Shea family feel ‘left out’ of Kray movie Legend about story of ‘tragic’ Frances
- Credit: Working Titles films
The ‘forgotten’ family that married into the notorious Krays are speaking out for the first time to tell their story just four weeks before the Hollywood movie about the 1960s gangland twins is out.
Relatives of Reggie’s “tragic wife” Frances Kray who committed suicide in 1967 say they were not contacted by any researchers making Legend which is being released in London on September 9.
The Shea family are not bitter—but just want their voice heard.
“I’m here to speak for my aunt,” her niece Frances Shea tells tomorrow’s East London Advertiser exclusively. “I don’t want my grandchild in 20 years time to look back at a ‘tragic’ aunt Frances.
“My aunt has been portrayed in the past as an insipid ‘trophy’ wife. But she wanted to marry Reggie Kray and was confident enough to sit next to people like Barbara Windsor and Judy Garland.
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“She made a mark on the world and my uncle Reggie adored her.”
Frances Shea was just four when her namesake aunt Frances Kray took her own life.
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“She killed herself in my bed,” the niece tells you. “We shared that bed on many nights when she’d curl up and read me stories.
“I kissed her goodnight, the last I remember of Frances—she was dead the next day.”
The Kray twins Reggie and Ronnie ruled a gangland empire of murder and extortion from their mother Violet’s small terraced house in Bethnal Green.
Reggie’s marriage to Frances went wrong after two years and she moved in with her brother Frankie Shea in Hoxton—where she took an overdose and laid down on her little niece’s bed to die.
The niece, now 52, worries that next month’s blockbuster has missed out on the real Shea family story. They were never contacted when Legend was being filmed last summer.
“Everybody has been ignoring the Shea family for years,” she adds.
“I would like to see the film, but don’t want to see my family’s history up there on the Big Screen being played and have no control over the story.
“I want people to see her for what she was, not as Reggie Kray’s ‘trophy wife’.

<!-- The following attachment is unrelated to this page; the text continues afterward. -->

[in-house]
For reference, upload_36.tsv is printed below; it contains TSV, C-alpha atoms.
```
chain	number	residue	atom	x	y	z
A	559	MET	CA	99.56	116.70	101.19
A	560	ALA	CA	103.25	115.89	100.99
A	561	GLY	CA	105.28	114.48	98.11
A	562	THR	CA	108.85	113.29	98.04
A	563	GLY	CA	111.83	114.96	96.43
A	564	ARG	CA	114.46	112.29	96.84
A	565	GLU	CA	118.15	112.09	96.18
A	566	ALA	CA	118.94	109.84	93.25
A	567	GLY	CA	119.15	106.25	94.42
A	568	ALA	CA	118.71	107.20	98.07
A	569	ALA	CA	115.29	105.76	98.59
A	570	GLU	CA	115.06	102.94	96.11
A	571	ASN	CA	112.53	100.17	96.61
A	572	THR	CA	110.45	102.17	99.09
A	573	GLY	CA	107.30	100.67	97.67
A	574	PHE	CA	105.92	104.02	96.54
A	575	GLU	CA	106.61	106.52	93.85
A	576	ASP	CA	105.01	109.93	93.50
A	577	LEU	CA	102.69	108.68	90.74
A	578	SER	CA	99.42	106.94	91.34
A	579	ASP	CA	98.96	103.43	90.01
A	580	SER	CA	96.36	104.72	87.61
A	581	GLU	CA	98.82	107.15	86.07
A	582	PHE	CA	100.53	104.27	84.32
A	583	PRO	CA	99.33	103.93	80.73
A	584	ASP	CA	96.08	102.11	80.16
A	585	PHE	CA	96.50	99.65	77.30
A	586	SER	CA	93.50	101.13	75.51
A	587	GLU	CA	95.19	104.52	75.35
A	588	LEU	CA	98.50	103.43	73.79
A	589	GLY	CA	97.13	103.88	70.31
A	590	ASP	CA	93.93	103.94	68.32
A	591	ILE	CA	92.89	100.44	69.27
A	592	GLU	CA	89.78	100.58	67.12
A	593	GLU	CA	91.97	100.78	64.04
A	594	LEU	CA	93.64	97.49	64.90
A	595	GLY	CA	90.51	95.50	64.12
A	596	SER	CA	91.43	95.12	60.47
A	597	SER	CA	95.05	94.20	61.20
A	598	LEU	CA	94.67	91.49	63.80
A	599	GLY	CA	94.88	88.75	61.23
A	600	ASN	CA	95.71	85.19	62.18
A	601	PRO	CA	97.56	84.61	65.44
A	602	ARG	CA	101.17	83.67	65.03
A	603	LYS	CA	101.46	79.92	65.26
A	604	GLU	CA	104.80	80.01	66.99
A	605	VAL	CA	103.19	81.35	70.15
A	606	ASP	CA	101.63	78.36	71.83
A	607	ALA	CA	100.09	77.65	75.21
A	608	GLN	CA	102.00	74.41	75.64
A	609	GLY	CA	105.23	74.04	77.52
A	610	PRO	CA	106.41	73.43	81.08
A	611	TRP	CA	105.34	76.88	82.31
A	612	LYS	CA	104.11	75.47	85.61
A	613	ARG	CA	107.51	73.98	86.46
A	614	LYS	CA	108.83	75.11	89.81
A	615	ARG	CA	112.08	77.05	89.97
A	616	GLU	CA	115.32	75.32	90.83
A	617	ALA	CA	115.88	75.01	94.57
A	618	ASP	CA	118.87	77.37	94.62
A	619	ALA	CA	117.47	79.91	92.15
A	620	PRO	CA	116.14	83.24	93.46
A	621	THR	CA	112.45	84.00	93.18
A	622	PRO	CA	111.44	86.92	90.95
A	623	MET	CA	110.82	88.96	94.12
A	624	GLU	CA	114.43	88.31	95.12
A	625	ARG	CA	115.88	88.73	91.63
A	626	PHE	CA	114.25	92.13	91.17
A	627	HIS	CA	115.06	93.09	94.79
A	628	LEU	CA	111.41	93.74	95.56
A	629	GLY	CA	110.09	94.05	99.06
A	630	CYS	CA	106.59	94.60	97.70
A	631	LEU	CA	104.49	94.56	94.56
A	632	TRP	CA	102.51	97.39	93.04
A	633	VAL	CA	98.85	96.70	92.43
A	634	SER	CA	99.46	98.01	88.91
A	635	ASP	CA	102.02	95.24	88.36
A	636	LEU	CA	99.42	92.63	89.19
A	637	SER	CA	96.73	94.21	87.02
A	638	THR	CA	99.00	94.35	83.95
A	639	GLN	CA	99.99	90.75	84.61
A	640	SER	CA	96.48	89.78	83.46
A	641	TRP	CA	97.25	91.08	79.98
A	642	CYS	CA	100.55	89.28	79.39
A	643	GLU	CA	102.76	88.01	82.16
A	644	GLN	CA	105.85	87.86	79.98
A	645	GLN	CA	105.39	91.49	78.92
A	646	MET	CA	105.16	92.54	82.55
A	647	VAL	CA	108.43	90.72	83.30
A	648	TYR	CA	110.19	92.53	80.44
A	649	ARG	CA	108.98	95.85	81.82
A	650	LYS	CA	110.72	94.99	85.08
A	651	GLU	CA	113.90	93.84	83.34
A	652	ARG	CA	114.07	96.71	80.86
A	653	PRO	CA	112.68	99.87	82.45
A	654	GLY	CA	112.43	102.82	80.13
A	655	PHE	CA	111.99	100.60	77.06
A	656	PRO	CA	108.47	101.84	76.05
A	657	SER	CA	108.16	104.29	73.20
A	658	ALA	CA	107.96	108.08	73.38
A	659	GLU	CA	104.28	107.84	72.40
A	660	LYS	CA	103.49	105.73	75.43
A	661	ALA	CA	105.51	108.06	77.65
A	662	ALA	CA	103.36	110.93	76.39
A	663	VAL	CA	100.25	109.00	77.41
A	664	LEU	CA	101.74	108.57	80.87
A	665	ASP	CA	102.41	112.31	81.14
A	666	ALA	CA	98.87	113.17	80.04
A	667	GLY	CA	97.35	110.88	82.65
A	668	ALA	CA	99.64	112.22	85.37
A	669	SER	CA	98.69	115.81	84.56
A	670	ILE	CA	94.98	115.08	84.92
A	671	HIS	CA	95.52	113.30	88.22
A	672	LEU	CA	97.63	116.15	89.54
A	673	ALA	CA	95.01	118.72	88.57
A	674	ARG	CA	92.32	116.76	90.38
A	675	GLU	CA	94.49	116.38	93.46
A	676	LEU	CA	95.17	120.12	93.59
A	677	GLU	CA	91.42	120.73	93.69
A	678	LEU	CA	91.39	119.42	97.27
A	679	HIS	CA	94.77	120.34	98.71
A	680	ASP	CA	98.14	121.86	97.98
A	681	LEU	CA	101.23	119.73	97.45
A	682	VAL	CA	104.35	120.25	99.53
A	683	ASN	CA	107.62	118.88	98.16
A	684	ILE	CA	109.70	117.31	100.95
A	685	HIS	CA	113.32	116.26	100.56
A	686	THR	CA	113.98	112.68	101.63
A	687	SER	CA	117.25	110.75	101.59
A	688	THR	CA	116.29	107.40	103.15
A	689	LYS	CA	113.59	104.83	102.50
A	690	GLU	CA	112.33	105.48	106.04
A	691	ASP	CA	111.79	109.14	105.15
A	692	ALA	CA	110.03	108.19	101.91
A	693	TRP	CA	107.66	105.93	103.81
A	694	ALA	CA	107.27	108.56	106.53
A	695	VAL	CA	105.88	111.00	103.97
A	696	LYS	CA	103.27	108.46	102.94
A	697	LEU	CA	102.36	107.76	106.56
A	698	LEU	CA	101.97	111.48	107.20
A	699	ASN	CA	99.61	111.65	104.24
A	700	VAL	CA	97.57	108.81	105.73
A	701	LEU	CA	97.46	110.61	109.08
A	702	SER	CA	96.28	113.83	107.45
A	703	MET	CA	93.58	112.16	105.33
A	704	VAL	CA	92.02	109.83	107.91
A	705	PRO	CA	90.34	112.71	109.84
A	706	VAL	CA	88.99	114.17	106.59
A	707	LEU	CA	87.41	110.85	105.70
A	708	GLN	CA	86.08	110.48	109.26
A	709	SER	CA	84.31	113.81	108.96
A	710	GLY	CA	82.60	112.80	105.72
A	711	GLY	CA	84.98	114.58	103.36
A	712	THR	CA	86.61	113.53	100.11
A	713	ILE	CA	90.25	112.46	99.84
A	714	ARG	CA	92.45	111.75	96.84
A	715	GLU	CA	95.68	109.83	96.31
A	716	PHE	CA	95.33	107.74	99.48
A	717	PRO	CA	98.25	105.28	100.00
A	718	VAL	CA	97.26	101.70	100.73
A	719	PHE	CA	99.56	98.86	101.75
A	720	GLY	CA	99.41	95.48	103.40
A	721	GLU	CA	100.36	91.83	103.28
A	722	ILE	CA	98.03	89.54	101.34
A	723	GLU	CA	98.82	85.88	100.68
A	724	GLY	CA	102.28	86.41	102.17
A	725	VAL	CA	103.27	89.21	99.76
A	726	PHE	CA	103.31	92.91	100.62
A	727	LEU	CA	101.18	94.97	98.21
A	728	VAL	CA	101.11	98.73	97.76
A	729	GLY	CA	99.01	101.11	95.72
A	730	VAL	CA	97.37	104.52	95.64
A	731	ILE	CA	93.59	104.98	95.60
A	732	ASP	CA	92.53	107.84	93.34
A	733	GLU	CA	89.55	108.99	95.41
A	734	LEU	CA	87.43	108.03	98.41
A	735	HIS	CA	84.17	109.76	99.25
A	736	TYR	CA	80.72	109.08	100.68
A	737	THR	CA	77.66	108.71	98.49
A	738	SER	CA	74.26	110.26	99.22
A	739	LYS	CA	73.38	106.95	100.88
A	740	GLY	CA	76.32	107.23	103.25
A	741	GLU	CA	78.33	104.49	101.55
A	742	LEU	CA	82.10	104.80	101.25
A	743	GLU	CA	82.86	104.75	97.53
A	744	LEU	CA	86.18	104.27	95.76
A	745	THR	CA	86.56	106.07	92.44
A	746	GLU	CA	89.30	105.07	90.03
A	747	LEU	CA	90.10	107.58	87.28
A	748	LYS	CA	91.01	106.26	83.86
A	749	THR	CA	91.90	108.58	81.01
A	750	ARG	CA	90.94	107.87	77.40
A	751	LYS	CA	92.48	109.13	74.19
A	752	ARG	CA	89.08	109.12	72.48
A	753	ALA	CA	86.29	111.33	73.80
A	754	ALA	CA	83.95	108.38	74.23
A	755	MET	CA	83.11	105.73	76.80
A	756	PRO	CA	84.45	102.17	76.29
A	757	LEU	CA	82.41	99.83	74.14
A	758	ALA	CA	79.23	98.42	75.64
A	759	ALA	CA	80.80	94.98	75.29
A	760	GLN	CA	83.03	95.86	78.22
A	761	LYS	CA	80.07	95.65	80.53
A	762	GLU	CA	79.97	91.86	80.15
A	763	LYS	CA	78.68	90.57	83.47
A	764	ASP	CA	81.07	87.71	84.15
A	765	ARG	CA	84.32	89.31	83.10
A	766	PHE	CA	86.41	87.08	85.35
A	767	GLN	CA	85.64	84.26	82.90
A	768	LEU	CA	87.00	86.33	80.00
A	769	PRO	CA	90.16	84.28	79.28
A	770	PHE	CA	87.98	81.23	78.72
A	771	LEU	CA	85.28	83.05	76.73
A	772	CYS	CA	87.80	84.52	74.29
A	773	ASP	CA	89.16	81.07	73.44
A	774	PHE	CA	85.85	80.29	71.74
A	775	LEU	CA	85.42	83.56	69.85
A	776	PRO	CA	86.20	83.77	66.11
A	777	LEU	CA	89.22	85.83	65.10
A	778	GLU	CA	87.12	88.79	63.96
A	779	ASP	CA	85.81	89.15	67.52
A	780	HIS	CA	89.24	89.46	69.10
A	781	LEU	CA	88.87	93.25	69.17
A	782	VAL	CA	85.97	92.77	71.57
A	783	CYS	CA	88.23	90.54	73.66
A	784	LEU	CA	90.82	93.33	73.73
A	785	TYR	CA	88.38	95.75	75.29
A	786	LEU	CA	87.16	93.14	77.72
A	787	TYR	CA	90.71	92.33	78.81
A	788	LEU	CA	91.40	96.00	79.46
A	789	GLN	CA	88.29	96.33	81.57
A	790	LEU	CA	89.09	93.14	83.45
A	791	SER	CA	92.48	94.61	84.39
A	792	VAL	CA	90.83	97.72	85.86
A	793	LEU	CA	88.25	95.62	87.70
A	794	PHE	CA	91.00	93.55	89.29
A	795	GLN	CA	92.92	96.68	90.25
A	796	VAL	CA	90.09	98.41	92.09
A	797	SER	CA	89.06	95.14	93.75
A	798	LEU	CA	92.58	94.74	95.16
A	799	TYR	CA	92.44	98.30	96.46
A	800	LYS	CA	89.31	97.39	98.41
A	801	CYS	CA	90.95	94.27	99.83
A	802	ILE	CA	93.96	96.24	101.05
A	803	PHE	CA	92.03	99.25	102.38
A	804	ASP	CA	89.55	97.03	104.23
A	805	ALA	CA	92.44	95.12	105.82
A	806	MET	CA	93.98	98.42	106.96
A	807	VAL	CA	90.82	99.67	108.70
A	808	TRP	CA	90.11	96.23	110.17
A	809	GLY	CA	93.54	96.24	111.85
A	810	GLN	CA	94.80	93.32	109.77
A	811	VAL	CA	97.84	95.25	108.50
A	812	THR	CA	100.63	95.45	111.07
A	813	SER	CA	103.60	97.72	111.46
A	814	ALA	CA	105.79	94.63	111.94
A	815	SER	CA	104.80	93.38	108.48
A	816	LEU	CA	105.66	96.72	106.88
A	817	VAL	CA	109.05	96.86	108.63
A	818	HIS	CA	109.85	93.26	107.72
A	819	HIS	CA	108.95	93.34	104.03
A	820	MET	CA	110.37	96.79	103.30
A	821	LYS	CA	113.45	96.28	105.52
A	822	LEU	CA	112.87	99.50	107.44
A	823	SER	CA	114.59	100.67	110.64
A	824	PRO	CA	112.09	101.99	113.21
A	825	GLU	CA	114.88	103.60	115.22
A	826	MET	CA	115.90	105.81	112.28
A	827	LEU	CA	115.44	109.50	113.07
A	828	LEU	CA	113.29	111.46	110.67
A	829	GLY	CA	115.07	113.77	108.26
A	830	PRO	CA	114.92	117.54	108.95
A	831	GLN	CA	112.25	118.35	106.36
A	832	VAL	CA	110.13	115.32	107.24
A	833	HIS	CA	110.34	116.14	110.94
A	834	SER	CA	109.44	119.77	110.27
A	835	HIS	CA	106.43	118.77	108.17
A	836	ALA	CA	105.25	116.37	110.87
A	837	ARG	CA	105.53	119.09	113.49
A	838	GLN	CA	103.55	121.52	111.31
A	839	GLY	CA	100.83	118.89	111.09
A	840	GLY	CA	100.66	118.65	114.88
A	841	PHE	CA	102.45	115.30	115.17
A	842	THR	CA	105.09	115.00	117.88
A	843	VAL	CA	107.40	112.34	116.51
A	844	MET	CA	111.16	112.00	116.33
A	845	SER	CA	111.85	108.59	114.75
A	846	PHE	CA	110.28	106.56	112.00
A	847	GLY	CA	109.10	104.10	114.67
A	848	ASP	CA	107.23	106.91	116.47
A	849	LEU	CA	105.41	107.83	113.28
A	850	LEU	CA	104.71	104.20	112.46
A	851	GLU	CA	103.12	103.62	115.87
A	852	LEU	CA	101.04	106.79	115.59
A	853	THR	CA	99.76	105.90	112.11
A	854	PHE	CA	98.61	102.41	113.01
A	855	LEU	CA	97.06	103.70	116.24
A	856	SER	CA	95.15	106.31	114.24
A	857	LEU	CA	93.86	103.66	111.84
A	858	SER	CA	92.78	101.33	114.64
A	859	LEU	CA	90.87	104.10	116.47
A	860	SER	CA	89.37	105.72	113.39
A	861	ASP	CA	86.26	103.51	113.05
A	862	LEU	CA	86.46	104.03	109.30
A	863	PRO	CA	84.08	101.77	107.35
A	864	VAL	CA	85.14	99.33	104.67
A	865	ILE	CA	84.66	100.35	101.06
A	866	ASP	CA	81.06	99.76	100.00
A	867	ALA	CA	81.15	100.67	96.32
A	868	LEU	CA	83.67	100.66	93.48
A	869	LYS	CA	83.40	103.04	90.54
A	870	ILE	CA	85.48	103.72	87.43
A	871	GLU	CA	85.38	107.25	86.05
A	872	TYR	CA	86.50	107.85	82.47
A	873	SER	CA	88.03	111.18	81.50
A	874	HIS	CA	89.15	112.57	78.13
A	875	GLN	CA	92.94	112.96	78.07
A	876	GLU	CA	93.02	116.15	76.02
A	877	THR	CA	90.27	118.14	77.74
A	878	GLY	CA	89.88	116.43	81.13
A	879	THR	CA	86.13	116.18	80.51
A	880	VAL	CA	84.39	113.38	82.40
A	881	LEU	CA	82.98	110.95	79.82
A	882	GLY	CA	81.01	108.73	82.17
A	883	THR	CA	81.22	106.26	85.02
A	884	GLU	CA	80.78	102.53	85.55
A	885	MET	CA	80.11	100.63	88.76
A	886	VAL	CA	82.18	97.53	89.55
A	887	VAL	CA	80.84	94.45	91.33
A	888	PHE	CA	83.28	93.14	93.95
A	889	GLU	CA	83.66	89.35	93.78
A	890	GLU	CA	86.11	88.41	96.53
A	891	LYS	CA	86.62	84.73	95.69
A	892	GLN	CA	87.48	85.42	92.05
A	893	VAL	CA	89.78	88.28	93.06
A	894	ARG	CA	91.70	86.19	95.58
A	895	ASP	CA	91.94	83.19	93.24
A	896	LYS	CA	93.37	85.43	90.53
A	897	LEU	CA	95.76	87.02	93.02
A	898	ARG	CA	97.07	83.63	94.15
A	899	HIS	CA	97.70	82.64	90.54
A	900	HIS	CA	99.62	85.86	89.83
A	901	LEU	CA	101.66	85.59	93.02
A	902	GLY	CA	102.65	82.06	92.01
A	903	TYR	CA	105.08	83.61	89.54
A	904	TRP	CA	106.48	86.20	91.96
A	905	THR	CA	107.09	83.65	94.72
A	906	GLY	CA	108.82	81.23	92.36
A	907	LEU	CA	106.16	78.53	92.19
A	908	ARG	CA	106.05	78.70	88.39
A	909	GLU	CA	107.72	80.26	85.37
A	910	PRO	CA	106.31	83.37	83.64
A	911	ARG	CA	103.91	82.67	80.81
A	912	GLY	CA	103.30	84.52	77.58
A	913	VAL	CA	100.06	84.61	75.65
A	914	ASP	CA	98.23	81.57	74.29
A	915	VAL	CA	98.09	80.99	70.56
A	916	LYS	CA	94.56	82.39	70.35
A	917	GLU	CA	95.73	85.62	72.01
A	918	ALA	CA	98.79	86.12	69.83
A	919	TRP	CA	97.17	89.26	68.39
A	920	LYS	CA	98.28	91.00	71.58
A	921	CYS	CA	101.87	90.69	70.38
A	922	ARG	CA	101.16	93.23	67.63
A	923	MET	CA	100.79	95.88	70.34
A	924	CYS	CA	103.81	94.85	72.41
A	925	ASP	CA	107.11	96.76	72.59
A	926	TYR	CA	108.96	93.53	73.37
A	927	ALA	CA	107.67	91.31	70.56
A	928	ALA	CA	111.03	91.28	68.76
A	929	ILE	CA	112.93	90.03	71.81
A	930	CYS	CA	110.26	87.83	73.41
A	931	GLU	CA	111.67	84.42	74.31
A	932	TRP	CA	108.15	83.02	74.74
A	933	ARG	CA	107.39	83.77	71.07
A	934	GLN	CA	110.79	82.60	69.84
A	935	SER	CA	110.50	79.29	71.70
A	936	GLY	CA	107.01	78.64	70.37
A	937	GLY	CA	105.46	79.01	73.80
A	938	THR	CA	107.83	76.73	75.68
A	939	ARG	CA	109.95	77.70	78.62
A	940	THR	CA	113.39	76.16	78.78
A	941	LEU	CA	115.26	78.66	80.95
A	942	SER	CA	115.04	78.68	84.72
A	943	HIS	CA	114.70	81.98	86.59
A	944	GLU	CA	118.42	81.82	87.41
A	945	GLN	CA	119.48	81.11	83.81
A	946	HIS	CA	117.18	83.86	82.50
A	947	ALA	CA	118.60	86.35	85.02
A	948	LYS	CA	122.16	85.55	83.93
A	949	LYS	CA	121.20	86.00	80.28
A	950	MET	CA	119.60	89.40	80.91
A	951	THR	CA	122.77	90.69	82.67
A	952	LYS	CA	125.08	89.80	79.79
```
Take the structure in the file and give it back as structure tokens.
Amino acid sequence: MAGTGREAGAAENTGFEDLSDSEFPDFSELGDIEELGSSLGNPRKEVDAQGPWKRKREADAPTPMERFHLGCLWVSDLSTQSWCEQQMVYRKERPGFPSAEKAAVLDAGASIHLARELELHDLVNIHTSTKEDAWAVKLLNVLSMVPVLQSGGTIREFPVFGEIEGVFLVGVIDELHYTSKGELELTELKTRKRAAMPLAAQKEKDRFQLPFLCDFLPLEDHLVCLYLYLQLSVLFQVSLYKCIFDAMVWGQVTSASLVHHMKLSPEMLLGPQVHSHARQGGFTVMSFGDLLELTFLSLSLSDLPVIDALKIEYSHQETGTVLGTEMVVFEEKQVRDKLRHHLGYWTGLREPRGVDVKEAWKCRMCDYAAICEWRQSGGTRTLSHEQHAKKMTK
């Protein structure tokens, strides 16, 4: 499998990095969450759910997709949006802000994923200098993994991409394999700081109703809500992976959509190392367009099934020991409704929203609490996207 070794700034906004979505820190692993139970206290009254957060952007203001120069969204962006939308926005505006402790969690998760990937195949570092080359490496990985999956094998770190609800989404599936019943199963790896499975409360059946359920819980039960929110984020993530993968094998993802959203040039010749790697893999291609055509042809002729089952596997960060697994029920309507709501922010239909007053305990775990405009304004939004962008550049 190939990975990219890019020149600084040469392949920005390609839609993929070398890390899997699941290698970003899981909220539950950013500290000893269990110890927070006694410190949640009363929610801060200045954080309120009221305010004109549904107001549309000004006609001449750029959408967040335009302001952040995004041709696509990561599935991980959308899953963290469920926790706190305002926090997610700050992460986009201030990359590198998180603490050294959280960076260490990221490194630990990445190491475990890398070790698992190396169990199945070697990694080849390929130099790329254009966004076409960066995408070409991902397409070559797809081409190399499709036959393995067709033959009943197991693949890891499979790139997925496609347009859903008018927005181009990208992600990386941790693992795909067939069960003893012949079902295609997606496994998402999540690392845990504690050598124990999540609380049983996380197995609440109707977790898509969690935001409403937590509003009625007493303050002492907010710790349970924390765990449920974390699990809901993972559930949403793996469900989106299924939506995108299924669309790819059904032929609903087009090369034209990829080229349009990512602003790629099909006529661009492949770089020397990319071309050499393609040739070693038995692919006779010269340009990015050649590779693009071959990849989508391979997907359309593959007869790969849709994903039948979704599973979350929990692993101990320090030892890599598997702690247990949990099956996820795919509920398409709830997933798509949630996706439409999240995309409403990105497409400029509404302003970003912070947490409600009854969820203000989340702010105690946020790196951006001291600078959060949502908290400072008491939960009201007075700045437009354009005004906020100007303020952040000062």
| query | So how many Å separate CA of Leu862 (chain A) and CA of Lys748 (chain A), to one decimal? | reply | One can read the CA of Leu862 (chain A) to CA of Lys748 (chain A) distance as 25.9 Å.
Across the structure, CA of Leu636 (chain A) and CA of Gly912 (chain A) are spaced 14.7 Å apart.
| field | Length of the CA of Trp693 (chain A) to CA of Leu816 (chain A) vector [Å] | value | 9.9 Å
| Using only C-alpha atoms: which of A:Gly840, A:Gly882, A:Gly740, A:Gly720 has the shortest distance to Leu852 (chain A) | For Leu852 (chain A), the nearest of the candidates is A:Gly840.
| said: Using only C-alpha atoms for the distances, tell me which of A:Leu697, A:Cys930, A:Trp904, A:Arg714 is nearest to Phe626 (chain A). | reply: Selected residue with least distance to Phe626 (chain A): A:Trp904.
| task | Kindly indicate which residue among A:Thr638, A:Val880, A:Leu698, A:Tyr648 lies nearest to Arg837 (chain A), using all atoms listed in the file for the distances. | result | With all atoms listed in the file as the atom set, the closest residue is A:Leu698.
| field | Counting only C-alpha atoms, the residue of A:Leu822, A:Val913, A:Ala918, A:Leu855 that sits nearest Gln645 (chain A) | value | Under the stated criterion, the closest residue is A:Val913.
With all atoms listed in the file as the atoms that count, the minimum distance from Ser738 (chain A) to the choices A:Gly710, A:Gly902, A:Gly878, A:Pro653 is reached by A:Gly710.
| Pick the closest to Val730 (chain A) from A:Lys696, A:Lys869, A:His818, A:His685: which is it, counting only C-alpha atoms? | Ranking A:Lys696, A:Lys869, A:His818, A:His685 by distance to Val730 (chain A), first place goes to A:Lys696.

“I’m not here to create any bitterness over the film—there was enough bitterness with the Krays back in the 1960s.
“But add a bit of ‘suicide’ and there’s going to be a bitter parent involved. My granddad witnessed all that and was heartbroken.”
Frances Kray’s embittered mother Elsie Shea never forgave the Krays for her death and was against the marriage to Reggie from the start—even turning up at the wedding at St James’s Church in Bethnal Green Road in 1965 dressed in black as if it was a funeral.
Her brother Frankie—Frances Shea’s father—committed suicide in 2011 aged 71, knowing he was dying of throat cancer.
Frankie’s granddaughter Bonny, 26, told the Advertiser: “We’ve had to deal with Frankie’s terrible death and still haven’t got over that.
“Nobody contacted us about the auctions of his possessions, his memorabilia, family photos, Frances’s private letters and her diary, all out there for the world to use, for a film character without any living family sources.
“Frances sat down and spoke into a dictaphone and said whatever she wanted—but they were the babbles of a mentally-ill woman.”
The Sheas tried contacting the film company, but say they got no replies to phone messages or emails and feel “let down”.
They are easy to find on the internet, they point out. Tap in Frankie Shea and all the names crop up, including daughter Frances and granddaughter Bonny.
Their family Facebook Page has many messages from wellwishers—but nothing from film researchers.
Bonny acknowledges the film about her great-aunt and the Krays is “going to be a good movie”, but adds: “We could have helped make the ‘Frances’ and ‘Frankie’ characters authentic. Instead, anyone can chip in.
“They didn’t speak to the only living person who was with Frances, my mum. You had to be there and been involved to really know what Frances Kray was like. You can’t just create a person on stuff you’ve read.
“Frances was Frances—not just the Kray gangster’s ‘tragic’ trophy wife.”
Legend is billed as a true-crime ‘Romeo and Juliet’ with Emily Browning as Frances Kray and Tom Hardy playing both Kray twins.
Hollywood producer Brian Helgeland spent last summer researching the Krays’ old East End haunts such as Pellicci’s café in Bethnal Green Road, meeting associates of the Krays including former 1960s tabloid pin-up Maureen Flanagan and many former gangland figures—but did not meet the Shea family.